What To Consider When Shopping For Medical Refrigerators and Freezers

Medical Freezers and Refrigerators

Medical refrigerators and freezers are very different than your standard at home unit. Lab freezers, units used in clinics and hospitals, need to have precise temperature management so that stored samples, vaccines, and medications are kept at the appropriate levels to prevent being compromised.

The medical and scientific fields have a much lower margin for error when it comes to refrigeration. Making sure the right unit is used can help mitigate temperature fluctuation, so that vaccines and medications are kept viable for use in the future. If you are in need of medical refrigerators and freezers, here are some things you need to take into consideration.

It is advised by the CDC that units that provide both refrigeration and freezing are not used. That is because having a unit that does both can cause unnecessary fluctuations up to 5 degrees Celsius. While that might not seem like a lot, and for a home unit it isn’t detrimental, for vaccine storage it can cause detrimental damage rendering them unusable. It is advised to instead invest in separate units so that both can function optimally.

How Much Storage Space

Consider how much storage space you need in your unit. Choosing one that is too big or too small can cause unneeded issues over time. Units can best function at a 30 to 80% capacity, and less can cause fluctuations in temperature, and any more and cause hot or cold spots to occur, due to a lack of air circulation.


Depending on where the units fans are located, placement can factor into overall efficiency. Built in medical refrigerators and freezers are best suited for under counter use, while a free standing unit should be placed in the open so that it can properly ventilate. Consider where you will place your unit so that you won’t have any avoidable issues in the future.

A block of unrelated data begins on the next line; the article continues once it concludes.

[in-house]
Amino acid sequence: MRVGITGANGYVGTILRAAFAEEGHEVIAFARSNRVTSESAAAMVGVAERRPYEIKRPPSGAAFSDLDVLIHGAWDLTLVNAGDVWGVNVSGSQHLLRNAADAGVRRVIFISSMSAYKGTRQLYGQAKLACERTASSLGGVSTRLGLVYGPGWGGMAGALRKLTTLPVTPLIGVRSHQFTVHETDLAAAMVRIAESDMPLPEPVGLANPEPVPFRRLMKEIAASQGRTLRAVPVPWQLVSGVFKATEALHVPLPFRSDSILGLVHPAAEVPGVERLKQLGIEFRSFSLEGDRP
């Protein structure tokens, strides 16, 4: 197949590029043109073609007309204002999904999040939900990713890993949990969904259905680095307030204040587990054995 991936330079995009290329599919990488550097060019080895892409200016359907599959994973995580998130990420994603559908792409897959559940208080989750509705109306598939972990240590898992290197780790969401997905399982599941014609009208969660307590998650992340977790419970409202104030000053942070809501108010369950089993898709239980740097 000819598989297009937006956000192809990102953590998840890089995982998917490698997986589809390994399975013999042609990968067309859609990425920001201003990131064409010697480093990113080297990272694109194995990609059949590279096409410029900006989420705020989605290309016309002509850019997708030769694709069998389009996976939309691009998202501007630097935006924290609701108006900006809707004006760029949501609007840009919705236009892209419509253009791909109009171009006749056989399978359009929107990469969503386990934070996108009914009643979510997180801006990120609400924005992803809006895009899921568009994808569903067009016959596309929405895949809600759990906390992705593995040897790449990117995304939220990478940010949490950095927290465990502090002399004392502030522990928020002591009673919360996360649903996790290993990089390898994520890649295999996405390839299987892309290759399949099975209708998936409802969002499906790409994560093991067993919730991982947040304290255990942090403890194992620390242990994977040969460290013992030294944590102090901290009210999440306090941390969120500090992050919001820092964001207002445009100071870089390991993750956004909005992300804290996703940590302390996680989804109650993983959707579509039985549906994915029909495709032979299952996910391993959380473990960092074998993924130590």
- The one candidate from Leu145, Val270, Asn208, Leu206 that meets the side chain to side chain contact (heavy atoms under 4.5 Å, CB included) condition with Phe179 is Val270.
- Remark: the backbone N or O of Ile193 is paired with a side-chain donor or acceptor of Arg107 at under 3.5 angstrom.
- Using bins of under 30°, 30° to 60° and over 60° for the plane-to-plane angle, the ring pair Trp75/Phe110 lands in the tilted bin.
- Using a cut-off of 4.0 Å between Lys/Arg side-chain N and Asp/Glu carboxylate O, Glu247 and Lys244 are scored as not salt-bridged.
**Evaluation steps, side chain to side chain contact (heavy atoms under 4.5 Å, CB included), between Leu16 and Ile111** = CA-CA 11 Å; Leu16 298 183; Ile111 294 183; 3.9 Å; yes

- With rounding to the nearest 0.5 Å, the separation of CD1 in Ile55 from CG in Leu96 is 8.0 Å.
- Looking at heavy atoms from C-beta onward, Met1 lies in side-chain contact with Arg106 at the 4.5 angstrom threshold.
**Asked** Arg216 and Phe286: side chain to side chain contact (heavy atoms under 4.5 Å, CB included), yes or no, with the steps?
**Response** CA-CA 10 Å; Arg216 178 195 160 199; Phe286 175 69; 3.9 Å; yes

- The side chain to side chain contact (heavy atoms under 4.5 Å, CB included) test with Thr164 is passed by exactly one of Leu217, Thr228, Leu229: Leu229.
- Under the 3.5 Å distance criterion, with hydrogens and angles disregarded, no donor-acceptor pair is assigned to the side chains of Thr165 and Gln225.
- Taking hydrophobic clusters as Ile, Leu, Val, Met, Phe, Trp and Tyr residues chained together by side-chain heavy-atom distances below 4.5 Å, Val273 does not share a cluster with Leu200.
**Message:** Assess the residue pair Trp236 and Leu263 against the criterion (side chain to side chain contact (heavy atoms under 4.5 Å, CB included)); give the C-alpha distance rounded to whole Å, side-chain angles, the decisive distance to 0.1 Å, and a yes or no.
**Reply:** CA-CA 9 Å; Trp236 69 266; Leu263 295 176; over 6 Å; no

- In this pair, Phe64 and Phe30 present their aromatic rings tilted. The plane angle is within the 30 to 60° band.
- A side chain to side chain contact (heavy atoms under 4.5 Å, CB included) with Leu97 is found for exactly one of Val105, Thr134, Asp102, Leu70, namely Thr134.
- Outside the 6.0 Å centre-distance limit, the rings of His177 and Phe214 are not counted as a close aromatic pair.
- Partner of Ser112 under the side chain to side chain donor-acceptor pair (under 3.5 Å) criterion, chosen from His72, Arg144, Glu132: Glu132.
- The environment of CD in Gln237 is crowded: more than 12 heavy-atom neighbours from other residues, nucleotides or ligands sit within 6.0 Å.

Depending on what you are storing, the temperature ranges are something to consider. While most medical refrigerator units are between 2 and 8 degrees Celsius, freezers can have a larger range, though most basic units are between -10 and -20 degrees Celsius; however, advanced medical grade freezers can reach -85 degrees. Know what temperature is needed for what you will be storing so that you can get the unit to properly suit your needs.


Wire shelving, or ventilated shelving is essential to making sure air can circulate throughout the unit. This can prevent cold or hot spots, which can sabotage inventory. Take this into account when looking at units.


Many units come constructed with temperature gauges, but a daily check log should also be taken, especially if you are storing things for a long period of time. Checking temperatures throughout the day and documenting them can help identify fluctuations that could be addressed sooner, rather than later. You may also want to consider an auditory alarm that can alert you to whenever the temperature dips beyond an acceptable range.

The Takeaway

If you are in the market for medical refrigerators and freezers, think about the above considerations, and put them to use when deciding what unit will be best suited to serve your needs. There are a lot of interconnected factors that can make vast differences when deciding on the right option. Don’t leave your sensitive medical inventory up to chance; make sure you cover as many bases as possible so that all of your stored items stay viable.

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